Even now, I myself struggle with maintaining my mindfulness, I am not perfect and I will forever be learning and developing my ability to cope with the past and prepare for the future while at the same time being present, as Ram Dass(Dr. Richard Alpert) so wonderfully said, “Be here now.”
We all walk through this world together, and our sufferings and our trials are very real.
What is also true is that in time, with work and dedication to the pursuit of spiritual awareness, those aspects of the world, all the mindless torment of the material traps will subside. As you commit yourself to slowly and steadily applying spiritual disciplines to your life, you will find that there will be a culmination occurring.
What at one point seemed impossible, you will now find that you are steadily working within those practices. You will begin to have small moments of stillness and in those times the divine will be revealed to you in the little signs that we are so regularly blessed with. You will begin to attain personal comfort and see that spiritual practice is in truth a sanctuary from the every day melodramas. Your spiritual practice is yours alone, and you are in complete control of its process. Why is this? Because God is with you always. You are the divine coming into self realization. You will see that with practice and time, what seems so uncontrollable will become quite manageable.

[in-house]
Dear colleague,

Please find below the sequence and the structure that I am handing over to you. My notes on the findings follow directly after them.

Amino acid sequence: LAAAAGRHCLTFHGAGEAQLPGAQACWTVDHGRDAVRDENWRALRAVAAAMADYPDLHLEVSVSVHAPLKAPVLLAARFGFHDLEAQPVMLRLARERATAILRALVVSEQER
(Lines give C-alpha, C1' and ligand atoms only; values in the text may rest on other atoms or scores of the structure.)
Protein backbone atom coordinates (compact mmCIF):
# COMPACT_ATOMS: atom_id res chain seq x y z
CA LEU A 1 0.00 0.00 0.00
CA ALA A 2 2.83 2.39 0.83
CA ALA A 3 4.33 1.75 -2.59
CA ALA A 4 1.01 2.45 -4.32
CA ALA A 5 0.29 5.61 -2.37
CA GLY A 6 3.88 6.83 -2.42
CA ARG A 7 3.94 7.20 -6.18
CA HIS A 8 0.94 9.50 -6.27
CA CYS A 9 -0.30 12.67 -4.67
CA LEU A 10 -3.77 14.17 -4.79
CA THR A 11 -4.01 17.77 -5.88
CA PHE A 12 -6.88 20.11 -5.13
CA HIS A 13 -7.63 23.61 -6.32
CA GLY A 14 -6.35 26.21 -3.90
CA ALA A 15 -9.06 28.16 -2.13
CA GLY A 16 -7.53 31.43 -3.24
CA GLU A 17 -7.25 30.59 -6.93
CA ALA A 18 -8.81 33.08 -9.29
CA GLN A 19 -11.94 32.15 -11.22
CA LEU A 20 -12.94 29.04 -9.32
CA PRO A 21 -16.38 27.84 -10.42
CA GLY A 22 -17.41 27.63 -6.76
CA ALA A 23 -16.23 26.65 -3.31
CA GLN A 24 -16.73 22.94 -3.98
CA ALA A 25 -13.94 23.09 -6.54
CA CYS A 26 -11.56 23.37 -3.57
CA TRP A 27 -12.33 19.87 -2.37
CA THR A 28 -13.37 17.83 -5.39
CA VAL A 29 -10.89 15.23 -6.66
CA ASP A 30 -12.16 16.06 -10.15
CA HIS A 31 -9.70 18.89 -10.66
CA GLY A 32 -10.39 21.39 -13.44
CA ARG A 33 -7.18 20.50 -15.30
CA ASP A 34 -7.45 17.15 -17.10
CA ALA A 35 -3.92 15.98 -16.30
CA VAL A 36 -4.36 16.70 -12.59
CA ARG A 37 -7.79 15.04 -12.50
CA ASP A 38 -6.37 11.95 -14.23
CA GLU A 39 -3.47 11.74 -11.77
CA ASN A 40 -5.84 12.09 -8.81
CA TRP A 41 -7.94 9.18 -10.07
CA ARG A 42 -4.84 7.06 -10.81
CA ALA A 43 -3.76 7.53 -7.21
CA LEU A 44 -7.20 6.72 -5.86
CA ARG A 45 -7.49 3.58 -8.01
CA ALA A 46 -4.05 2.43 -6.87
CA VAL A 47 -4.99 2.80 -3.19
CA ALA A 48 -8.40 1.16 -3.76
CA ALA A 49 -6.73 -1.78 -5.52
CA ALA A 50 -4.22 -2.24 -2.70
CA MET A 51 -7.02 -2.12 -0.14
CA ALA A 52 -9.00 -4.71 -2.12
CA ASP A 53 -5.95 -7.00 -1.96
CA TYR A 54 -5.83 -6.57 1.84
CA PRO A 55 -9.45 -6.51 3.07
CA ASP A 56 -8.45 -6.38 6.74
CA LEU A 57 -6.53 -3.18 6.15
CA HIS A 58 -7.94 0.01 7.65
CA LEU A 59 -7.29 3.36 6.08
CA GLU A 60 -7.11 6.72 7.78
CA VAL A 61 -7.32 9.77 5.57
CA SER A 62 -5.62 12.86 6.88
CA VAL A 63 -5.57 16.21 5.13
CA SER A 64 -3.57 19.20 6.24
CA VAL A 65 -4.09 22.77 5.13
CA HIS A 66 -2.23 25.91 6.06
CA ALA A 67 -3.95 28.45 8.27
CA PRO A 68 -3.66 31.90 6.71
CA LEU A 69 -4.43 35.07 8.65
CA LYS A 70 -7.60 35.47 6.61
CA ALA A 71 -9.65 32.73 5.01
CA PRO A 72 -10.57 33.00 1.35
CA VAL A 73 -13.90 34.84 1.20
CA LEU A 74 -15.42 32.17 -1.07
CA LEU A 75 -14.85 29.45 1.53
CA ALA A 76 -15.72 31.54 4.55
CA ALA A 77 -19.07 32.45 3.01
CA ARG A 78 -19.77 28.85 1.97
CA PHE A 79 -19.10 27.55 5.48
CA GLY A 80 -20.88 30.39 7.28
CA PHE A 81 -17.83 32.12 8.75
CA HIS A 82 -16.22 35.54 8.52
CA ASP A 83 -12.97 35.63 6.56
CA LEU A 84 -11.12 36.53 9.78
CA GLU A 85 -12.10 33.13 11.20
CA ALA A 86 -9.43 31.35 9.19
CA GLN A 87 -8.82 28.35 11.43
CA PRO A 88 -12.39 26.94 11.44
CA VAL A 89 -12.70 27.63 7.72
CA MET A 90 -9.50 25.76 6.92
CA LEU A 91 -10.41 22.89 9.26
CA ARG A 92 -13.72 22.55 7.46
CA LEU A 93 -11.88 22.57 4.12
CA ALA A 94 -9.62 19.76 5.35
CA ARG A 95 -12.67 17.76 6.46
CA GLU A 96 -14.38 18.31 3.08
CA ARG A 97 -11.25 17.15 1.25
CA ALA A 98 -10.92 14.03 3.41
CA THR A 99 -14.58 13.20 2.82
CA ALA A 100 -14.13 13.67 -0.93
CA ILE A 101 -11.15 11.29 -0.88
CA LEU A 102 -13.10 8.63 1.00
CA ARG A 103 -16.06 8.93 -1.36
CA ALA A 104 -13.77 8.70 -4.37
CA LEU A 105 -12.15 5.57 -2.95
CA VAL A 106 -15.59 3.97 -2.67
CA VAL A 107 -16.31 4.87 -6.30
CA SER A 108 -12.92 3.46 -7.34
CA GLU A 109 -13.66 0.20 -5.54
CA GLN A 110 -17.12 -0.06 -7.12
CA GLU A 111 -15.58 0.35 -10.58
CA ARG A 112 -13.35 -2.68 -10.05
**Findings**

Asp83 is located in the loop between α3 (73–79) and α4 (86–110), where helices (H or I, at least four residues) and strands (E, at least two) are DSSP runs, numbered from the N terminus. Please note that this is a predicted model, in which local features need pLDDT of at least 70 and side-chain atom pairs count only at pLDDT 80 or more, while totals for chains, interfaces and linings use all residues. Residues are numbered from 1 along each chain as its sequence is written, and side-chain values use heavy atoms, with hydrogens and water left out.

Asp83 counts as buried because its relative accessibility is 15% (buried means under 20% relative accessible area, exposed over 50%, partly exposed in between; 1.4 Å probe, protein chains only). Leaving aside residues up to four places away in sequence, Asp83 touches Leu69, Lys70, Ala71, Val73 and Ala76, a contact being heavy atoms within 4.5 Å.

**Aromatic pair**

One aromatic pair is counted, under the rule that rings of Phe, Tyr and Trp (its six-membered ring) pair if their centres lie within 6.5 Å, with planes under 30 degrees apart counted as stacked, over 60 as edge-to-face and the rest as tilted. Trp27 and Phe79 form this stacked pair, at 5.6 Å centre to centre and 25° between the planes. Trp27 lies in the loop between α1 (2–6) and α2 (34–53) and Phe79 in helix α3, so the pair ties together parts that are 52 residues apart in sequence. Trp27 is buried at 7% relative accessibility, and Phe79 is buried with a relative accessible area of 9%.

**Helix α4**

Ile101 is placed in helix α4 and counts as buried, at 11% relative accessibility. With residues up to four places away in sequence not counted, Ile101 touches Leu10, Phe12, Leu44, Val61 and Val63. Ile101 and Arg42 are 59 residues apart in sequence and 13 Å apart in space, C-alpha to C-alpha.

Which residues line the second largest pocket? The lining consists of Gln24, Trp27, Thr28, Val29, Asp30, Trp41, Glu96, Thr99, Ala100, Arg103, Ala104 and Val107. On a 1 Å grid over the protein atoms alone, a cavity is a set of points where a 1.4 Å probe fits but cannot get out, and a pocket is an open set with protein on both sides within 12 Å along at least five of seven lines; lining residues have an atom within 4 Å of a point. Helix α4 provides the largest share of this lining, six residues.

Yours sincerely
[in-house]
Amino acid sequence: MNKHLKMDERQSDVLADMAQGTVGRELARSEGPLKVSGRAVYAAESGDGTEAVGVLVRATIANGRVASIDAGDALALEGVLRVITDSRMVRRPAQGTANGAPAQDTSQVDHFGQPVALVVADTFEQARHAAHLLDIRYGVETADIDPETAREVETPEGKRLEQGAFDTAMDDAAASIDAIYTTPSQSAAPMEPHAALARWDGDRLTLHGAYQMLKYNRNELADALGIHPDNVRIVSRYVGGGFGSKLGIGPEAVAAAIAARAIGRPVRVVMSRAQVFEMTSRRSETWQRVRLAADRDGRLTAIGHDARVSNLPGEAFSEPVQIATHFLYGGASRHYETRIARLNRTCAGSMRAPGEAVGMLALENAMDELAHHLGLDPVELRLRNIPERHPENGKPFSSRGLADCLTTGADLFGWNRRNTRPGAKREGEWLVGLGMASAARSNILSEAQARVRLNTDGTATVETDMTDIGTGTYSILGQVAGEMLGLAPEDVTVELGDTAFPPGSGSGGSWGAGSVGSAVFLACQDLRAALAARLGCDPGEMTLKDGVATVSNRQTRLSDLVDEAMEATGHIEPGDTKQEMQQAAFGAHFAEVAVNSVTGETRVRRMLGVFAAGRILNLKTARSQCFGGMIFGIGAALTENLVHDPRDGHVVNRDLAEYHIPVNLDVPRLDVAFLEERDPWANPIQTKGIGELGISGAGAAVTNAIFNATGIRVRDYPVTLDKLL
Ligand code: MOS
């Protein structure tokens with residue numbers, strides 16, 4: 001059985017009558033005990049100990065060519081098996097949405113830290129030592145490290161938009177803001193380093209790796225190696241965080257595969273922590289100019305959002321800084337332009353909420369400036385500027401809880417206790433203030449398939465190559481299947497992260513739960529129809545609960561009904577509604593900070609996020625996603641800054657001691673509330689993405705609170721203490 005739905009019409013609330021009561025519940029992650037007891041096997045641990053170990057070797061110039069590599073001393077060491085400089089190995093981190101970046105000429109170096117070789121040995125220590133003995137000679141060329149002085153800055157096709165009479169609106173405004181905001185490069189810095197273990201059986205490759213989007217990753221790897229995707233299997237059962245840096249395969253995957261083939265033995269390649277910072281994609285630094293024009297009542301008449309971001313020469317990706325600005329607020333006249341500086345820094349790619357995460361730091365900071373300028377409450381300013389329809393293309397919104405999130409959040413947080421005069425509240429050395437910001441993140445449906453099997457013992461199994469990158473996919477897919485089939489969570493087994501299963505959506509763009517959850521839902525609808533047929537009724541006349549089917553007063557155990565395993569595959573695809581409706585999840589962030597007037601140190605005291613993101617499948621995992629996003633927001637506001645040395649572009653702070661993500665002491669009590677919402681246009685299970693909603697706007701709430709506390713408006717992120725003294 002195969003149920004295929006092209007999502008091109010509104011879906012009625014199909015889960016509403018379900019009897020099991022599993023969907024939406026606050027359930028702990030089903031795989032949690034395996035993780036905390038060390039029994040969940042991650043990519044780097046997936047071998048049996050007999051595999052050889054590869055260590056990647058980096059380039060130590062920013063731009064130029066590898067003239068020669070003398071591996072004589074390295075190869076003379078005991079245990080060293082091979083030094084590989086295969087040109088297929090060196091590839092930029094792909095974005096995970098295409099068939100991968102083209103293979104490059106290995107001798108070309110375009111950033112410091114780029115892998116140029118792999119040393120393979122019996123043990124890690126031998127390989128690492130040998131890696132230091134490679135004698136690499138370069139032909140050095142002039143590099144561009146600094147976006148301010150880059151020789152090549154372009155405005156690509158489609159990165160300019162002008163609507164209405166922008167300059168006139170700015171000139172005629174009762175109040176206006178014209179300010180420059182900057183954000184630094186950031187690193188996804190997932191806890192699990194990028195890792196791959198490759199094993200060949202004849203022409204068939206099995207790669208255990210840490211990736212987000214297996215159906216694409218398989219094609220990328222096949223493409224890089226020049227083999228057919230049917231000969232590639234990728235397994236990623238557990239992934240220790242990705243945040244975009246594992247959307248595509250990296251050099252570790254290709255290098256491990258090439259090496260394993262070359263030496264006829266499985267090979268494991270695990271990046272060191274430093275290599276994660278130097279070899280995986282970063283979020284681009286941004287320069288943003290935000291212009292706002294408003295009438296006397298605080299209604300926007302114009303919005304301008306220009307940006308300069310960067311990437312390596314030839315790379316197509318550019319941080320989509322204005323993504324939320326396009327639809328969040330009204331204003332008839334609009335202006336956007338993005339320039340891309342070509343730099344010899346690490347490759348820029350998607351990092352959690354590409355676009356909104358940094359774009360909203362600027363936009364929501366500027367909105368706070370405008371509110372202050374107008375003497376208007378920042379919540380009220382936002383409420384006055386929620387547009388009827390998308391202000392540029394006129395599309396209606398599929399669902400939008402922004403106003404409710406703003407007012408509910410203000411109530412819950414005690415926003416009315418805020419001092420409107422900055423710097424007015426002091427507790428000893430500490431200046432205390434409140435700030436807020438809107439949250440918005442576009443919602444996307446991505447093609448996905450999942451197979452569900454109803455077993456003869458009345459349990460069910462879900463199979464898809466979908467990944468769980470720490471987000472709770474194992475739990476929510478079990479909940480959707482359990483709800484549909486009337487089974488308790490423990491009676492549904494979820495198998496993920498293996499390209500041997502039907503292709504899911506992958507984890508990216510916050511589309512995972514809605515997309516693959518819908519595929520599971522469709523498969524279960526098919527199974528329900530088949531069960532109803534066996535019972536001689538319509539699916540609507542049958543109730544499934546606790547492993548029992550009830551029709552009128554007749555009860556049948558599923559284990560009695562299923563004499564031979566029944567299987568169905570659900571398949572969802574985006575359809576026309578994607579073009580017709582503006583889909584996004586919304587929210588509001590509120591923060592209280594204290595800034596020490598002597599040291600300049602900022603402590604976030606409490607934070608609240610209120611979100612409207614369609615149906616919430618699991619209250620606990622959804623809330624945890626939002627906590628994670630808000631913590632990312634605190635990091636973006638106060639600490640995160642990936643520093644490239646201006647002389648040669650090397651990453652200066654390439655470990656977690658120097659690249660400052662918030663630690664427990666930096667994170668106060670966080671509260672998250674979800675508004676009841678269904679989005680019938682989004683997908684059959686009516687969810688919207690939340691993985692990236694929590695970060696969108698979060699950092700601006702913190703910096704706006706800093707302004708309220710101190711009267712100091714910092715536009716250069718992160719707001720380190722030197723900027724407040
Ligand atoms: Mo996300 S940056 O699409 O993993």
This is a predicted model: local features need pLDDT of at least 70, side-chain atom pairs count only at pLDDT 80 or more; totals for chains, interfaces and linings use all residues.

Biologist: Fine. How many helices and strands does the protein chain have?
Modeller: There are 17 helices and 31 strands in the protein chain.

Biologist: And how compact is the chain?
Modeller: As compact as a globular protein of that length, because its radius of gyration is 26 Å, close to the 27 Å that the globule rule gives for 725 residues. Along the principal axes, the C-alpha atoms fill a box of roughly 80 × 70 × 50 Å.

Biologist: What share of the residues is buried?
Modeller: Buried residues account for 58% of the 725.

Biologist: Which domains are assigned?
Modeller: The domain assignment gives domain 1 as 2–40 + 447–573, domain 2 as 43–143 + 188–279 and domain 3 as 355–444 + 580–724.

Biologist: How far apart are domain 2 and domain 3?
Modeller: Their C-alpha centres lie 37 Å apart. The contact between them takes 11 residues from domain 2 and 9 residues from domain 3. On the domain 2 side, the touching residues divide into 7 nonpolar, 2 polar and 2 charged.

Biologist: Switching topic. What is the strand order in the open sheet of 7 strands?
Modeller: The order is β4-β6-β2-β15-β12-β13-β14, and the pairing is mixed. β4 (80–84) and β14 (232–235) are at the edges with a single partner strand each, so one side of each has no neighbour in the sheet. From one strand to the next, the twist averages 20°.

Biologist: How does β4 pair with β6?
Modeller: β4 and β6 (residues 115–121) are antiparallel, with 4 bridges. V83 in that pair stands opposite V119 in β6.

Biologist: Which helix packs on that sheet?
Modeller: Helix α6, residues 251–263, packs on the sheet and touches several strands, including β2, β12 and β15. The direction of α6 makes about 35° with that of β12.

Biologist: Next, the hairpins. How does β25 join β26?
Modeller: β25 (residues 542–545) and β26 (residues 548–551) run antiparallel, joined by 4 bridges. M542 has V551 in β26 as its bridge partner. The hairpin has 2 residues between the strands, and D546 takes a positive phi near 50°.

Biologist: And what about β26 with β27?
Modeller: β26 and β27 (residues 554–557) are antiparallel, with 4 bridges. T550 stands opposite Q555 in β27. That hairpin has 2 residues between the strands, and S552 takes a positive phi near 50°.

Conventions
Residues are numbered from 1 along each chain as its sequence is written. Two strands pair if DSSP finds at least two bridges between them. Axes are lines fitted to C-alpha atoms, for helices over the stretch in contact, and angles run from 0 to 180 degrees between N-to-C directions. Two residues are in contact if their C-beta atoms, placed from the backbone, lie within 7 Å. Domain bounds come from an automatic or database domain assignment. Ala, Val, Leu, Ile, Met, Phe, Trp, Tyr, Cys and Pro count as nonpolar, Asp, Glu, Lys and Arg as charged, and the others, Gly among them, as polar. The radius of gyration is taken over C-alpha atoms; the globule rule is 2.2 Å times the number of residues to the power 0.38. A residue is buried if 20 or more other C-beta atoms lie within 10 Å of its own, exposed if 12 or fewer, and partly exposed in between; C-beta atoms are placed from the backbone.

It is all about the small steady steps forward. Don’t make radical sweeping changes, allow the development of Spiritual practice to grow organically, not with proclamation but with intention.
Your mind will begin to unburden and that light that had at one time been concealed by the shadow world that we dwell in will break through. When this happens the pure Gnosis will shine through and you will grow in the newness of your knowledge of the workings of the divine method.
In hopes for a wonderful new year for all of us and as always in service to the Logos,
Reverend Father Meinrad, Priory of the Rose Cross